"Oh, Fantasy Flight's not afraid. They'll do the 10 percent! Roll the special die!" laughs Solomon. "It's difficult in other ways, too. Because we have to marry theme and mechanics a lot more than games that simulate, one of the things is that there's a renaissance in the social aspects of board games right now. Many times I'll be reading the rules to some game and thinking, wow, that's a brilliant mechanic. Wait a minute! That relies on multiple people interacting, on the tension between telling the truth and not telling the truth. I mean, that's something that board games have and will always have over digital experiences."

Even here though, board games might have a trick to teach designers of all games - including ostensibly single-player games. Take a persistent problem like AI: one of the big, seemingly intractable issues of strategy design. "We give the AI the role of taking the place of a human player against you," says McDonough. "This is something, going back to non-digital games, that they never have a problem with. It's always another human brain on the other side, so you can depend on it to be interesting and unpredictable and have a dynamic level of skill. One of the things that I've always thought was most interesting about AI was that the harder the AI gets, the more it tends to mould the play of the player into the play of a computer. To beat the highest level of AI in Civ, I have to play with such ruthless efficiency and insight that I almost feel I'm not myself anymore. I'm playing as a machine version of me.

"That's just something you never see in non-digital games," he says, "and we might be able to learn from that. There's a lot of social mechanics in non-digital games that make players more themselves: they're wilder and more emotional and unpredictable. They do weird and crazy things. I would love to push AI in this direction - to make it less good and more wild. To make emotional AI that can take on this personality and can throw surprises at players. So the player can feel that they didn't just beat a beautiful machine, but they built this character with whims who reacted to them. Or maybe they pushed it too far and it broke down. They beat a character that feels glee or vindictiveness or something like that. That's kind of a lofty ambition. AI's always going to be subservient to game design, It's always going to be a mechanism to keep players playing and will never approximate another human player, but I would love it if AI was a little wilder - a little more like the AI you get from board games."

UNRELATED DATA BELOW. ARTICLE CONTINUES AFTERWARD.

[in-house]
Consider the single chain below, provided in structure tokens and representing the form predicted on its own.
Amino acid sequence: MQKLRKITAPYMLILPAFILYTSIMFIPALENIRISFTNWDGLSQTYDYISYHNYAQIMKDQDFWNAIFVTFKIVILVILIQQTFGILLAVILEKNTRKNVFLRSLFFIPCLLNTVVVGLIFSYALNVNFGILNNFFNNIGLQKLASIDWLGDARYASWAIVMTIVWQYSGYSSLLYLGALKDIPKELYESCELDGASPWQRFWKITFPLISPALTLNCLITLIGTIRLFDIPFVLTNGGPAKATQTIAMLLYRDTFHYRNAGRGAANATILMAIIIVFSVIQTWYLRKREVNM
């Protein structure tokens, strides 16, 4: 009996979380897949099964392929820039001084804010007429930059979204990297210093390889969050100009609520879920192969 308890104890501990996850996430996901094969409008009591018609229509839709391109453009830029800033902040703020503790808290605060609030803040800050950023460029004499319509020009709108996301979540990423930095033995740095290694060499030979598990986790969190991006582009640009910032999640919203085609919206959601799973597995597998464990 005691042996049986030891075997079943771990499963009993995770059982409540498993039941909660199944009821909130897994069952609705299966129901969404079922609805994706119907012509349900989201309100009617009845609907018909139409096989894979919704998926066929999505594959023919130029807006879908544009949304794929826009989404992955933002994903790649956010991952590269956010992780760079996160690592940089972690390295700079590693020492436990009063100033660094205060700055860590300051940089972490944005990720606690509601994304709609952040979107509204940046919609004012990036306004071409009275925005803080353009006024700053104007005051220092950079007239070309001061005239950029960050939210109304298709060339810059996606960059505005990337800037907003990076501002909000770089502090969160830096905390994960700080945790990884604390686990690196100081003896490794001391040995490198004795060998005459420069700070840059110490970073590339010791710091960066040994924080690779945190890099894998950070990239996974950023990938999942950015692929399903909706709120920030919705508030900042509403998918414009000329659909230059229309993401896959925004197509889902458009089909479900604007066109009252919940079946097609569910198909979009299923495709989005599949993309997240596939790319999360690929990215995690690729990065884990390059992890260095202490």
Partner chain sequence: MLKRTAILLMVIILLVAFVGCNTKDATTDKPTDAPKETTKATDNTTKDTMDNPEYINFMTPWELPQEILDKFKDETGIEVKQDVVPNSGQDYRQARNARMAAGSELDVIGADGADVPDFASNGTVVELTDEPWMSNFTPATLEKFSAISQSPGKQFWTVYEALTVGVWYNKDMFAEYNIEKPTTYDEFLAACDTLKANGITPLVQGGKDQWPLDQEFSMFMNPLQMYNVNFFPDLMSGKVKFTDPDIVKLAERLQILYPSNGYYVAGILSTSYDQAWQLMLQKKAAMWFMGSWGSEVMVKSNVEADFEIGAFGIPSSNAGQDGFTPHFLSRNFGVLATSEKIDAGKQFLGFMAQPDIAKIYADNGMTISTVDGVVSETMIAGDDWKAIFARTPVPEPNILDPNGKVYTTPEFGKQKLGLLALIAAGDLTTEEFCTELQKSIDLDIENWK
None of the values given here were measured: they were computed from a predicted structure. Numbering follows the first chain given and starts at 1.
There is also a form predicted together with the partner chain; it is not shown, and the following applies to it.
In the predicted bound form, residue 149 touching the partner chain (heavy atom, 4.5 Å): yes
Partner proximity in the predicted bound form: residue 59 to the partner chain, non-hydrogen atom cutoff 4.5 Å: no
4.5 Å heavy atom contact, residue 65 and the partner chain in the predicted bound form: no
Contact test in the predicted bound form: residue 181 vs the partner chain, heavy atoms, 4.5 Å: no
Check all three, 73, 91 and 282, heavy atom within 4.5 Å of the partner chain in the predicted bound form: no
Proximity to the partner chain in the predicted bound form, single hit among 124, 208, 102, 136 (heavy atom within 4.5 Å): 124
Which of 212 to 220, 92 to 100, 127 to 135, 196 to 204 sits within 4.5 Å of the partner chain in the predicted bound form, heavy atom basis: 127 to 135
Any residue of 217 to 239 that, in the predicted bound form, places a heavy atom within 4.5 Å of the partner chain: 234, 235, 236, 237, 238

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If there's a final, crucial thing to take away from board games, of course, it's that good old ideas never really go away. In a week that sees Civilization Revolution 2 hitting touchscreens, that's particularly worth remembering.

"I'm an old school war-gamer," says Beach towards the end of our chat. "That's where I started: hex and counter, war games, big paper maps spread out. I'm not quite old enough to remember when play-by-mail meant writing it down on a piece of paper and putting on a postage stamp, but I have been doing play-by-email gaming for the last 25 years. To me that's a normal way to play a strategy game. It may take three months to finish a game that way, but we're used to that kind of pace.

"And when I started seeing my teenage daughter playing Words with Friends with her high school classmates," laughs Beach, "it suddenly struck me that she's playing in that same mode that I consider the most hardcore, old school gaming mode possible. And now everyone in her generation is used to that and that's just a normal gaming mode for her. The two of them just married up. One is the most old-school way of playing a game possible, and the other is this new brand new wave. It just struck me that there's amazing possibilities for where we can go with games."

This feature was based on a visit to Firaxis Games in Maryland, USA. 2K Games paid for travel and accommodation.